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How to Shop the Local Farmers Market

Vanessa from I Never Grew Up is here again as my guest today. She’s sharing her knowledge on Farmers Markets and how to get the most from your Saturday morning experience.

Farmer’s market season is in full bloom; fortunately they are becoming more prevalent each year in cities around the country and the world. You can use farmers markets as a wonderful teaching tool for your children. They will come to understand so much more about the food they eat: where food comes from; the harvesting of crops; fair and healthy ways to raise animals for meat; why going organic is important for your health; how to support local farmers in your area. As you know children are more likely to become healthy eaters when they are involved in the cooking process. Can you imagine the possibilities when they not only help you cook a meal but also learn about the food you use and pick it out themselves?!

Farmers Market with Kids

Our little family can’t wait for Saturday morning when we pile in the car to spend quality time together at the Salt Lake City Farmers Market. The girls are excited to hold their own bags and find their own treasures. As parents we are thrilled to know we are teaching them so many important things while we are there. Farmers markets are full of diversity, vendors who put a lot of quality time and love into their products and of course some pretty yummy food.??Having a successful farmers market trip does require a bit of planning so I wanted to share with Make & Takes readers how our family gets ready for our trip to the local farmers market.

1. Educate yourself on what crops are harvested at what times so you will know what is available. You can do this by checking a book out from the library, searching online or talking to the farmers at the farmers market the week before. They are happy to share with you what crops are ready during certain weeks and get you excited to come back and buy from them some more. My personal favorite resource is the book; In Season: Cooking with Vegetable and Fruits by Sarah Raven it splits everything into chapters by season, explains what is harvesting and accompanies it with fantastic recipes. I start by writing the items I know will most likely be at the market and revolve my menu plan around that.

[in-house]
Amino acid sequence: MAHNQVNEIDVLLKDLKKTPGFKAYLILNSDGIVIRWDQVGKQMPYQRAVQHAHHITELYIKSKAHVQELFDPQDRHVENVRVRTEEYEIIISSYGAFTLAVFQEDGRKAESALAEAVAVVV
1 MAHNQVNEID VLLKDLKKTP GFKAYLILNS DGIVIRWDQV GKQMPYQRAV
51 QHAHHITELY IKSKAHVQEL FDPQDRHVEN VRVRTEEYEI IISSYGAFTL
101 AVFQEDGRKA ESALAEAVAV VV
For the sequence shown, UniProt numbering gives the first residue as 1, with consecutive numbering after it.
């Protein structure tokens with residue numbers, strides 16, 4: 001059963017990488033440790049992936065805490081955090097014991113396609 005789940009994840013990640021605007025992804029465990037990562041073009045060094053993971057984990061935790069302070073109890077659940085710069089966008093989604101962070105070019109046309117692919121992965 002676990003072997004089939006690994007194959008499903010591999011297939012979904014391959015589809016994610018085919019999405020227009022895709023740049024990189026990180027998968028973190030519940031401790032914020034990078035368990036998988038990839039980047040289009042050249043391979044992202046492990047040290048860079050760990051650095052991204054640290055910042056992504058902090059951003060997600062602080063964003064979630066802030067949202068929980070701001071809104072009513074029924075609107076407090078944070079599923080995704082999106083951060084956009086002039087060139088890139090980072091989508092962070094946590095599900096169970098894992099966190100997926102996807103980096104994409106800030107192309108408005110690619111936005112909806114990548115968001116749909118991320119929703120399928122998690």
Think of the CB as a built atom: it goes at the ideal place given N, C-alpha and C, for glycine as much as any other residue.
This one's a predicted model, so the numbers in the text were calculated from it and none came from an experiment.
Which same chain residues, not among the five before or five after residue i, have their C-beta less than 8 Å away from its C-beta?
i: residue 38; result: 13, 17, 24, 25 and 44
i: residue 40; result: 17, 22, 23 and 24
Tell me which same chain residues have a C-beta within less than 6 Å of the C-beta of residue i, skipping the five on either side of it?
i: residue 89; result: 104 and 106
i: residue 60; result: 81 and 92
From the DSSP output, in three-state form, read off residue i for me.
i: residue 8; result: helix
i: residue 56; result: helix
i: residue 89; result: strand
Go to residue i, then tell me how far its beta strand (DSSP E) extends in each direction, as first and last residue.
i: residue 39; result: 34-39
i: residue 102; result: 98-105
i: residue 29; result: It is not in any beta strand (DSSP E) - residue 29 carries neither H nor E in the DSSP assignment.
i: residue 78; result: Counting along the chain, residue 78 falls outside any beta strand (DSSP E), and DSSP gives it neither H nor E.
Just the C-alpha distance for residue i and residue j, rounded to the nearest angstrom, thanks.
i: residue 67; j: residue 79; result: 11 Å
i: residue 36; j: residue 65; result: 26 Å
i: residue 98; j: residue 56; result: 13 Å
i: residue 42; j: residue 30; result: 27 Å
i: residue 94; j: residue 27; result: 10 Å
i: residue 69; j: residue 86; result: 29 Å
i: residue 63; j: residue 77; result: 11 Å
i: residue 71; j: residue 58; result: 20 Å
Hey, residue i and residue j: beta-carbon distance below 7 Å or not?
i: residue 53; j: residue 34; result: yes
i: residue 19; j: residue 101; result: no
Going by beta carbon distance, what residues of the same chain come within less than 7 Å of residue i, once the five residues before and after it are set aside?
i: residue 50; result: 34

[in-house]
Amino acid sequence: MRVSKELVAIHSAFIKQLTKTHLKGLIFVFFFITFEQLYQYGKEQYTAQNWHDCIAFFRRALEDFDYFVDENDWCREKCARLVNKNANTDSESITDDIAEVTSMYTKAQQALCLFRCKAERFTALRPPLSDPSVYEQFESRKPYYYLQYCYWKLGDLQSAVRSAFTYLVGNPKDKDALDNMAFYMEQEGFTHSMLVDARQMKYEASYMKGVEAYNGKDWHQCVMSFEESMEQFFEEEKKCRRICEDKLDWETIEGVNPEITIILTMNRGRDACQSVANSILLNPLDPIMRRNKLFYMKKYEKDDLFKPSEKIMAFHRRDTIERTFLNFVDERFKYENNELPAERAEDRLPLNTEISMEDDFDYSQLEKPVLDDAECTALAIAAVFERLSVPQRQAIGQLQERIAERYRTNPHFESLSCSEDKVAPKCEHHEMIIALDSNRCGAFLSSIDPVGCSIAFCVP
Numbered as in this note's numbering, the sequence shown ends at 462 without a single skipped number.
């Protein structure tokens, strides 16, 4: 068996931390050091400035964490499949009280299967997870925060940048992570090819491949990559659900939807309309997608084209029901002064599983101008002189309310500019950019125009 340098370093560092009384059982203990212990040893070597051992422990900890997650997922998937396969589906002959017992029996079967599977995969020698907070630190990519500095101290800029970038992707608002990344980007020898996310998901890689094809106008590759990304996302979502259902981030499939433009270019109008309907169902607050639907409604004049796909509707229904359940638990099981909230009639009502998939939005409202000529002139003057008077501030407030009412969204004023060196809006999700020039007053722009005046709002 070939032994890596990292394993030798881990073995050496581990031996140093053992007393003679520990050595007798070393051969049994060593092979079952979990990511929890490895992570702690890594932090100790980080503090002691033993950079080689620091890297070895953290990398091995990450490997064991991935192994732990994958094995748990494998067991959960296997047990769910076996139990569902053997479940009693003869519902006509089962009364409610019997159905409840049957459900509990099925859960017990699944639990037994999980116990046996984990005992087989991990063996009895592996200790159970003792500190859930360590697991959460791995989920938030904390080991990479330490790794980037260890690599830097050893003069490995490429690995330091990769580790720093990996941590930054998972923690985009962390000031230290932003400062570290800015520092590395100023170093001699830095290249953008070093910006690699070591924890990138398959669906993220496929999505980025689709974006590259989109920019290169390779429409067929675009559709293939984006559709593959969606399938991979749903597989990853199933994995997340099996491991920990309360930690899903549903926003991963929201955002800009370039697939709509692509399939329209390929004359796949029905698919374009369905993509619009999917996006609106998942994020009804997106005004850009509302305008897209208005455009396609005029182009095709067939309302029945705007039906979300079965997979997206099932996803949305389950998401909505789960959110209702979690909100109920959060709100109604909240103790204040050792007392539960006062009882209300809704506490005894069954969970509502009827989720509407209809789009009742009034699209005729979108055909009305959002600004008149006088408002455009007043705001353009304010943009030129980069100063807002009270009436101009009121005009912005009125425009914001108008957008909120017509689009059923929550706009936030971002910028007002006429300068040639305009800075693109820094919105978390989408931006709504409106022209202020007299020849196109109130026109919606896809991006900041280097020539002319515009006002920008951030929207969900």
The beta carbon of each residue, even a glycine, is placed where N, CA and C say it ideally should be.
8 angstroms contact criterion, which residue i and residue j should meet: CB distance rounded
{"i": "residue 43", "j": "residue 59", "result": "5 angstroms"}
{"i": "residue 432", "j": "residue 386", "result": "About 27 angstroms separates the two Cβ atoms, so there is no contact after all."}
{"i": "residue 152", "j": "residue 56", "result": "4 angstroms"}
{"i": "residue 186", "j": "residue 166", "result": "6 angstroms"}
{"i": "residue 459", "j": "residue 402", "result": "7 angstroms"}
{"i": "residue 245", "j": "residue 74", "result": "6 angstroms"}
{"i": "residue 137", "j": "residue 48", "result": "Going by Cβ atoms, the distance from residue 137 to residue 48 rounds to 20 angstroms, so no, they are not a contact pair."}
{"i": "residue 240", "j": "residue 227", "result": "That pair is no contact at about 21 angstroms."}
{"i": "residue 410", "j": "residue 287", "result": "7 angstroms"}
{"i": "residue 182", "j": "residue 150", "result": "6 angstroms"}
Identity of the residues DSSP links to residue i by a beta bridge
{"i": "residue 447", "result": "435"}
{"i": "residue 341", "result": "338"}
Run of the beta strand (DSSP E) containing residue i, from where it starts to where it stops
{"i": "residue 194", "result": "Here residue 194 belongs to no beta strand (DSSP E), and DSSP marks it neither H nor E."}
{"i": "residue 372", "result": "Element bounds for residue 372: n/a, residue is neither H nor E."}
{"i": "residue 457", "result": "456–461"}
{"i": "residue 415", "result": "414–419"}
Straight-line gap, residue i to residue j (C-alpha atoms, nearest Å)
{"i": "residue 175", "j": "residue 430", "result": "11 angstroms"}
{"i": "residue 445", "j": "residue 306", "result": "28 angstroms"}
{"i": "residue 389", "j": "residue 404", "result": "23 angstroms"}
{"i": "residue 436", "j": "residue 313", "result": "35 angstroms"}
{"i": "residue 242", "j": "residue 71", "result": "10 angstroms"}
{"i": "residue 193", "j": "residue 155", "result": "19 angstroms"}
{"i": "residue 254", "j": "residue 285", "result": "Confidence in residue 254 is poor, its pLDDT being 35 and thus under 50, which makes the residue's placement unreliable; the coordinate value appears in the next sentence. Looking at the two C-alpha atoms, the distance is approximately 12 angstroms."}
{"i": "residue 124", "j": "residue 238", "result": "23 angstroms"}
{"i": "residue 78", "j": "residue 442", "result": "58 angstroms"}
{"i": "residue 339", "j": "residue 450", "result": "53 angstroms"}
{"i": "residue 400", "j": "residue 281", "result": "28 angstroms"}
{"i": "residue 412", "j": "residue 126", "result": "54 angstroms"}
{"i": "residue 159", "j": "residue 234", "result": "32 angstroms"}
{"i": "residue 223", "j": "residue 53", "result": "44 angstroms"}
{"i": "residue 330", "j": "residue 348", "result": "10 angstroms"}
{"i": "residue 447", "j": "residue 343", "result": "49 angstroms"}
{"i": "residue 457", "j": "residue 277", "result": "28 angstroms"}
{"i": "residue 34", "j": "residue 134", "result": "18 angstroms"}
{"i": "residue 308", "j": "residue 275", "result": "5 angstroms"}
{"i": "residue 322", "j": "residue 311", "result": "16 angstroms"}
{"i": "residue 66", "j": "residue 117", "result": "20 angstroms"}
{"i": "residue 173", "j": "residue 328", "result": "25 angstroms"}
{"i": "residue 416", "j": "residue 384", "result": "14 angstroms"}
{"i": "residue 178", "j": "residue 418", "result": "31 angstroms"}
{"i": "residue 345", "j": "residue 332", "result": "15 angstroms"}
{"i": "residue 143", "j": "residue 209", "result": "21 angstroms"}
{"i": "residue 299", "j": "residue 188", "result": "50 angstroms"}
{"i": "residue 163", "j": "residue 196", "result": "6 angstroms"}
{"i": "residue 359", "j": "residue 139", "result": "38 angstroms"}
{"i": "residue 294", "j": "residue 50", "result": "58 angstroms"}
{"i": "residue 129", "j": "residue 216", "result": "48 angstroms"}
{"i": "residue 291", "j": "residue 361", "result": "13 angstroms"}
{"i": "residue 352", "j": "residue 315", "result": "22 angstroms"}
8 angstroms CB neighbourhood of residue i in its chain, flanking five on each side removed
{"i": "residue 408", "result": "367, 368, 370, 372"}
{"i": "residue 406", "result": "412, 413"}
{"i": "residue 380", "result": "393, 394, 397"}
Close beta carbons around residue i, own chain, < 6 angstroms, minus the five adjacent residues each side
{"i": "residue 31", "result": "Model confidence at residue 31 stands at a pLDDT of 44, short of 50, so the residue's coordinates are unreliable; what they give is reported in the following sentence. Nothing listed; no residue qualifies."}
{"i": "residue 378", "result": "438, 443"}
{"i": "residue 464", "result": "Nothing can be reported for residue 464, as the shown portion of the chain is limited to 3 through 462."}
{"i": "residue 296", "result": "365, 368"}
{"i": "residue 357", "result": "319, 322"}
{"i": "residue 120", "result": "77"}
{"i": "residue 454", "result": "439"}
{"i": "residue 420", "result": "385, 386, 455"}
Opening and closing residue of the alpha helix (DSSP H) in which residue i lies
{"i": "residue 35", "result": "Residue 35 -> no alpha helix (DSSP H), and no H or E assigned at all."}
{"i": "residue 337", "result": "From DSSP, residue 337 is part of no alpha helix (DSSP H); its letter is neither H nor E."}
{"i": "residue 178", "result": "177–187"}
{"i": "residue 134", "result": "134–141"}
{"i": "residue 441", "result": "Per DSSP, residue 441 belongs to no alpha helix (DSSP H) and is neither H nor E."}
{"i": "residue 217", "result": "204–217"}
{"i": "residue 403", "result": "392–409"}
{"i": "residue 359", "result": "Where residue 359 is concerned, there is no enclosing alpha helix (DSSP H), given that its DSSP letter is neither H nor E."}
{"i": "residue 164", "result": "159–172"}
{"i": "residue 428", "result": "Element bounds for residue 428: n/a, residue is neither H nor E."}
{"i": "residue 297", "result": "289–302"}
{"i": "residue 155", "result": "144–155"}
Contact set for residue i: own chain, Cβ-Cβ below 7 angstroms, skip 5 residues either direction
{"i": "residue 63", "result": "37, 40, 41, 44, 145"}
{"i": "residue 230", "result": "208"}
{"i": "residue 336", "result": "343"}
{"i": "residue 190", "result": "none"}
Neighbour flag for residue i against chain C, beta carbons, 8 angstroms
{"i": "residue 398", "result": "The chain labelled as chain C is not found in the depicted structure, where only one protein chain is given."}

Planning for the Local Farmers Market

2. Put together a meal plan for the week and involve your family in the planning! When you plan your meals you will waste less food and end up saving more on groceries. It will get your kids excited to go to the farmers market, participate in the cooking and the best of all, actually eat their dinner! You will feel good knowing their meals are going to be full of fresh, nutritious fruits, vegetables, cheeses and meats.

3. Schedule it on the calendar so it actually happens and arrive as early as you can! We don’t even worry about feeding our girls; we hop in the car and let them buy their breakfast at the market. Arriving early will give you the best selection of crops, helps you beat the crowds and have more fun with your kids!

4. When you arrive take the time to quickly “window shop” to get a feel for the market. Make a mental (or physical) note of the stands that looked like they had the best quality, best deals or items that were new and interesting to you. When people offer you a sample, try it, it is the best way to know if you will like what you end up buying.

Local Farmers Market

5. Be brave and try new things. Never had goat cheese yogurt or artichoke pesto? Try a sample and encourage your kids to taste test as well. They will be caught up in the fun and excitement of the market and will be more willing to jump in and try foods you normally wouldn’t see anywhere near their mouths.

6. Shop away! I buy EVERYTHING we need for the week at the farmers market. I end up spending anywhere from $100-$150 per Saturday. But even if you wanted to just prepare one or two meals during the week from purchases made at the farmers market it would be well worth the trip and just as much fun for your family.

7. Don’t buy food you won’t use that week and be even more careful with certain crops that spoil more quickly. When you do buy fresh, local food and sometimes organic food it often spoils sooner, which is just part of buying locally and organically. We love fresh berries from the market but we know during those first couple days we can use them in certain recipes that call for fresh berries, but if we want to use them later in the week we need to freeze them, which is perfect for yummy smoothies, sorbets and ice creams.??Hopefully these tips have helped get you ready for your visit to your local farmers market. Hope to see you there!

Thanks, Vanessa. Great tips! I love going to the local Farmer’s Market. How can you pass up such fabulously fresh produce?!


  1. OOooo thank you thank you thank you! I have just started to cook for the seasons and go to my local farmers market in provo. I am especially thankful for the book reference! great post!

  2. There is a veg stand near us and I like to go and ask for too ripe tomatoes -they are cheap!- to make salsa. And he is happy to sell them to me!

  3. I would love to frequent our farmer’s market, but they have the hardest time for us: Wednesday late afternoon (think: cranky kids and mom trying to make dinner) and Sunday morning (church). Maybe next year when they are a bit older we will be able to try the Wednesday afternoon day. Thanks for your tips!

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